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Profile: Nikitus
User Name: Nikitus
Forum Rank: Advanced Member
Gender: Male
Home Page
Joined: Tuesday, September 17, 2013
Last Visit: Thursday, November 8, 2018 11:26:56 PM
Number of Posts: 366
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  Last 10 Posts
Topic: His face changed when he didn't find his favorite shoes
Posted: Thursday, November 8, 2018 11:26:56 PM

First of all, thanks for all your time and help.

I want to ask about the following sentences.

"His face changed when he didn't find his favorite shoes, begining a desperate search for his entire room, between his shoes, clothes, under the bed which greatly increased his anxiety."

Topic: Jeff, a man clearly overweight
Posted: Monday, November 5, 2018 10:10:56 PM

First of all, thanks for all your time and help.

Are the following sentences grammatically correct?

"Jeff, a man clearly overweight woke up in an apartment whose walls had recently been painted in white. He had the feeling that he had overslept, and would be late again. He confirmed that by looking at his alarm clock, which was thirty years old and he cared for it as one of his favorite treasures."

Topic: Inside a room that seemed
Posted: Tuesday, October 30, 2018 8:19:26 PM

First of all, thanks for all your help and time.

Are the following sentences grammatically correct?

"Inside a room that seemed stopped in time, there were old magazines stacked messily on the desk, surrounded by different items of collection such as coins, key rings and toys along with some old products out of circulation that had not been opened."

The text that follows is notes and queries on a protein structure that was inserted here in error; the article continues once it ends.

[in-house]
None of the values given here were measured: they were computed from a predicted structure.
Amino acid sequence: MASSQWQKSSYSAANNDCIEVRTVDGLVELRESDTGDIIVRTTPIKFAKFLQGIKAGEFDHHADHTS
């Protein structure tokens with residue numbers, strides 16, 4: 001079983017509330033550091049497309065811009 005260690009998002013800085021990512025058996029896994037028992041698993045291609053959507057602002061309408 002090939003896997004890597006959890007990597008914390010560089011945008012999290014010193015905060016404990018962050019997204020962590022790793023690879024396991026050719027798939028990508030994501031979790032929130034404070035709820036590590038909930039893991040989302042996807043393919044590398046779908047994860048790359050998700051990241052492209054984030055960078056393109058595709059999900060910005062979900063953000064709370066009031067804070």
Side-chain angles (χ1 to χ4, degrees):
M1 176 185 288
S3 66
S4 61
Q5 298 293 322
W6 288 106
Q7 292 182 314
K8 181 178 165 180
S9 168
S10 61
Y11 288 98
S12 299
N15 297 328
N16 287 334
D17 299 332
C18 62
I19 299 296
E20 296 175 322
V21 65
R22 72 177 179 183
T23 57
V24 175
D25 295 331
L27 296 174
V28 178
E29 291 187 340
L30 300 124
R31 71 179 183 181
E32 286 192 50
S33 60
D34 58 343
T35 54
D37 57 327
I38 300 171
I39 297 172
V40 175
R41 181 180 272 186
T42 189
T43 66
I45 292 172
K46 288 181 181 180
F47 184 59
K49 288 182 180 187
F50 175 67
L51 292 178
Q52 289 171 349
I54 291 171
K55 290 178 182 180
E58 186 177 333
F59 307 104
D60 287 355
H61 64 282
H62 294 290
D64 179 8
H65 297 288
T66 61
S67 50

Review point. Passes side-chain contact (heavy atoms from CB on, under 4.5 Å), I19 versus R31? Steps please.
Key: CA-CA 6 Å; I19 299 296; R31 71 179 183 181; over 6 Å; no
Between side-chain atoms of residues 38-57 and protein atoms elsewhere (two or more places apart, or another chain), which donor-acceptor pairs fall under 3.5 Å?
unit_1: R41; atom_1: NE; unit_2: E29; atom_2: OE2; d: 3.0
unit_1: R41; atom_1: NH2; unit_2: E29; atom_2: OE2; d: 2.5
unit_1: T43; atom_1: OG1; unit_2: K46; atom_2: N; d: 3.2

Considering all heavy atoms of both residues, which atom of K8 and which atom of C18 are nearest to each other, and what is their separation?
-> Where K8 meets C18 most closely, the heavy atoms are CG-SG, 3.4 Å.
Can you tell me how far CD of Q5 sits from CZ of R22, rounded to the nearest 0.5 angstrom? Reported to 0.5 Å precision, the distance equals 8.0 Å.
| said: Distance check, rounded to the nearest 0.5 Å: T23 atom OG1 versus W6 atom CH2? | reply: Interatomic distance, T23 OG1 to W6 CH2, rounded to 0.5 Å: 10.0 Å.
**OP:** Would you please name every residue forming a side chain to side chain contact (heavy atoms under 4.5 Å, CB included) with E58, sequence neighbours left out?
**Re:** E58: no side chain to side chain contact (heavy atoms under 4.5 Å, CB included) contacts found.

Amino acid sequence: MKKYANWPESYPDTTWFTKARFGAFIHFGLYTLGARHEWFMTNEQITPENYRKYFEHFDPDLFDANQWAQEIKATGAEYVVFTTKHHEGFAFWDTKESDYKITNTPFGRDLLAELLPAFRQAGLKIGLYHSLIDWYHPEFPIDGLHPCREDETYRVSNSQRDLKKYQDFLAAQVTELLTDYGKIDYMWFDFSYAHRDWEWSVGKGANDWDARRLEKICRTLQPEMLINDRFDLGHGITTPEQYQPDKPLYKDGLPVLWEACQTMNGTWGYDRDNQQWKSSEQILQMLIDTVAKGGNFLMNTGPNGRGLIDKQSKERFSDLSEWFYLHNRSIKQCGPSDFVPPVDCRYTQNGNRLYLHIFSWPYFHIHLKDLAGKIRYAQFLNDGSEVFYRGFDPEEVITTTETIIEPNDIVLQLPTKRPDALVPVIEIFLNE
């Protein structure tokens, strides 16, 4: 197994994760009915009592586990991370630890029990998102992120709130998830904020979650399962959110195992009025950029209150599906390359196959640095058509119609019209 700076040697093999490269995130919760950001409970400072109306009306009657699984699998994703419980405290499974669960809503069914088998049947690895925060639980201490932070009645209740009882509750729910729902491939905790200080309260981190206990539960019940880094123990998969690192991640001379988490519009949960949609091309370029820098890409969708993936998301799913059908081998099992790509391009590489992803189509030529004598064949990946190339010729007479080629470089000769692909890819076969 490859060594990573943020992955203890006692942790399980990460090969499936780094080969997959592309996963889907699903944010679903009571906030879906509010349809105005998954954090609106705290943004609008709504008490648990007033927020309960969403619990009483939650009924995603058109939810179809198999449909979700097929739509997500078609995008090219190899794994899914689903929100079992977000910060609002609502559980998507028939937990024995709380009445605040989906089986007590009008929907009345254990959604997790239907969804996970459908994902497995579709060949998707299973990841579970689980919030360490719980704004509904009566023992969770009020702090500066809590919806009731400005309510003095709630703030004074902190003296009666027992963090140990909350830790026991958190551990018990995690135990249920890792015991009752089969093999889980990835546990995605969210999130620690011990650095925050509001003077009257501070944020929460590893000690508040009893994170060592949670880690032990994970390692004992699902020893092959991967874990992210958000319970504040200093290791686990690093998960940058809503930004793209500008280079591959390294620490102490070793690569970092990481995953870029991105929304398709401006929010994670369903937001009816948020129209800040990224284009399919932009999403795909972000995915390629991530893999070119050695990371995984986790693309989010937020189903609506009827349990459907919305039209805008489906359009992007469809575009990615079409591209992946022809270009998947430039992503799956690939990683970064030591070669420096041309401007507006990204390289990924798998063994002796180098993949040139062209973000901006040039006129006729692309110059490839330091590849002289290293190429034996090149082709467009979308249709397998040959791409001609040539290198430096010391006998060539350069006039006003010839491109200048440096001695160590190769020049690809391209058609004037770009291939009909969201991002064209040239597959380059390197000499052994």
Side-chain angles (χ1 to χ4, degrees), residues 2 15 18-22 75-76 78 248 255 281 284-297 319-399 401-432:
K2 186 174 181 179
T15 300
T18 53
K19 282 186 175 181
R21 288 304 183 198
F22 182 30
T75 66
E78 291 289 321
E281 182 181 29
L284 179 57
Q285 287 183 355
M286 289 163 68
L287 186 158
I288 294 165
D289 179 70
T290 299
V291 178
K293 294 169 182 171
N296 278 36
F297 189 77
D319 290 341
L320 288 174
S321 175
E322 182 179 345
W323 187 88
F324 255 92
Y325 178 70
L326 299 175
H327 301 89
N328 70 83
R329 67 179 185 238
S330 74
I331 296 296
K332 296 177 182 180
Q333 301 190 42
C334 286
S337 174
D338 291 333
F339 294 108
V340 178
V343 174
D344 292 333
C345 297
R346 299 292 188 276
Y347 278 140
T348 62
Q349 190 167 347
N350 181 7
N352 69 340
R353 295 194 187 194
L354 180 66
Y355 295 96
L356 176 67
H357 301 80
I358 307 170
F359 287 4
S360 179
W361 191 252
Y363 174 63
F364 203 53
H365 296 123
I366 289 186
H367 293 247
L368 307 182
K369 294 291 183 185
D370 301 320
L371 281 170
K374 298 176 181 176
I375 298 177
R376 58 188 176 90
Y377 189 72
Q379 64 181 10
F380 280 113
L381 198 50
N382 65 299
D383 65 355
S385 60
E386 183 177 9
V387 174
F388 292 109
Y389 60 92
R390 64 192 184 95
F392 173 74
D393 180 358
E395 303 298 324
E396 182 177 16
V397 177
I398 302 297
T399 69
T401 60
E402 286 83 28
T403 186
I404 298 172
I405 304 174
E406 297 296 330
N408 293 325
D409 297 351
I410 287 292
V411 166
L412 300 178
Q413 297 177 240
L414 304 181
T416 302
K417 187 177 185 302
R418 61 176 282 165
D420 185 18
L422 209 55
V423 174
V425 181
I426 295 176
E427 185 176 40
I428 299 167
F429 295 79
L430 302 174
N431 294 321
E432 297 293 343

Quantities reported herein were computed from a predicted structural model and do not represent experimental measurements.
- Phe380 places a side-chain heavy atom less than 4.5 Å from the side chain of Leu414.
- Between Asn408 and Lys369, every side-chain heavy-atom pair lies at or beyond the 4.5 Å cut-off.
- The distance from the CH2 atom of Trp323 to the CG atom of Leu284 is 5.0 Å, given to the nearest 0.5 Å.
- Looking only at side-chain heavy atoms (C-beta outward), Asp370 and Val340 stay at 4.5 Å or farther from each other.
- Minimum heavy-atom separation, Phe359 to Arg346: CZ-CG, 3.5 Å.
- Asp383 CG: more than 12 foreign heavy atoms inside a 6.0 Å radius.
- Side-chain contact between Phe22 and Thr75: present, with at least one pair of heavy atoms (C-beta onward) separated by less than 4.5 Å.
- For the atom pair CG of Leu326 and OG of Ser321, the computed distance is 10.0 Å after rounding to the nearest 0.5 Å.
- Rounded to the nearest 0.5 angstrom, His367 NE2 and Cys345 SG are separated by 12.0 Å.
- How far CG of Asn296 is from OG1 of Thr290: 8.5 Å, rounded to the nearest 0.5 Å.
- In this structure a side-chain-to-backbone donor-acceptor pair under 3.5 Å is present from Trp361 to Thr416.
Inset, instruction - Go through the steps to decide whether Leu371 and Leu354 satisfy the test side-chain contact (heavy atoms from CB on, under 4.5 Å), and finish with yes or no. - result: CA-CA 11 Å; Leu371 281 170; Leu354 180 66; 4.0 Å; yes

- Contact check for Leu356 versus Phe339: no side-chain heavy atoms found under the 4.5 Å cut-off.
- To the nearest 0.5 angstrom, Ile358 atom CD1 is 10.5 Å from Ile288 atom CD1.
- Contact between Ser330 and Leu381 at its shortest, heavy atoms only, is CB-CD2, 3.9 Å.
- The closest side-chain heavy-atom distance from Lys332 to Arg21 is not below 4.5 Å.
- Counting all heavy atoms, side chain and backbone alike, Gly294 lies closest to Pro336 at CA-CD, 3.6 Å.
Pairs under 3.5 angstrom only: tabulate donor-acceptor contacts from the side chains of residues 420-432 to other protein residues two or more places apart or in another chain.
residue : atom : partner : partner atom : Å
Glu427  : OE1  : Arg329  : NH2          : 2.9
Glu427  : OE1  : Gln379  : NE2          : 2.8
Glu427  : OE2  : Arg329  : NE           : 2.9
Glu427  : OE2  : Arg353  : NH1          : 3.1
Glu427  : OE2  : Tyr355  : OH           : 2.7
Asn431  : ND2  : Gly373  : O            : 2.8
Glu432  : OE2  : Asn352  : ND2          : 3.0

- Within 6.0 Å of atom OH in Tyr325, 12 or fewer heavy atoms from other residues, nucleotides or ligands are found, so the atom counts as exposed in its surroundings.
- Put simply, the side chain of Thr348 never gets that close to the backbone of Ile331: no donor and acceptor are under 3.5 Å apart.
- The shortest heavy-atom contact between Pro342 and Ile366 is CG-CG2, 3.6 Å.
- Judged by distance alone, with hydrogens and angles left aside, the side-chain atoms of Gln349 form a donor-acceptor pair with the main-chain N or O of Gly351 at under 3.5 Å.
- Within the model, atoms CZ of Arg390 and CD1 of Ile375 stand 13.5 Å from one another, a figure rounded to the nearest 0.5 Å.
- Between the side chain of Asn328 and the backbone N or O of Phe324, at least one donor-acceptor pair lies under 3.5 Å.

Topic: As they made her way to the store
Posted: Monday, October 15, 2018 10:51:56 PM

Thanks for all your help and time to improve my written english.

Are the following sentences grammaticaly correct?

"As they made her way to the store, Lily watched Ted without understand what was happening, because the enthusiasm of him contrasted with the fear that Ted had shown toward the ghosts the previous time. Now he seemed convinced about his theory of ghost and what he needed to do. Lily was afraid that it was a new trick by Bernard."

Topic: The girl arrived five minutes behind
Posted: Monday, October 1, 2018 10:40:35 PM

First of all, thanks for all the help and time.

Are the following sentences grammatically correct?

"The girl arrived five minutes behind, greeted him profusely with a smile in her face, which disconcerted Bill. A long time ago he had been observing people from far away, like a hermit who always returns to his cave, but unlike them, Bill simply preferred to evade himself and relate to very few people."

Topic: On many previous occasions
Posted: Saturday, September 8, 2018 12:49:52 AM
Dear FounDit: Once again, thanks for your help.

FounDit wrote:
Nikitus wrote:

Once again thanks for all your help and time.

I want to ask about the following sentences.
It seems strange to me that he is calm, yet chasing people away at the same time. That seems the opposite of calm. I'm not sure what picture you are trying to create with that.

Also, was he lying on the old mattress, or sitting on it? It isn't clear.
I expected to see the word "open" in relation to forcing the door, but "forced the door" can work; "open" is implied.

"On many previous occasions he had chased away the customers from the street vendors and he seemed to be calm about it. But when he was on the old mattress on the floor of his improvised room, he was attentive and alert in case one of them forced the door and sought revenge."


The old vagabond scared the customers to the street vendors, explaining to the tourists that the products were a scam. Despite the discomfort and persecution of them, he was calm, since previously he had done many times. Although he was also calm to be strong against the claim of street vendors.

Thank you very much for your help.

Topic: A young man who had been welcomed a couple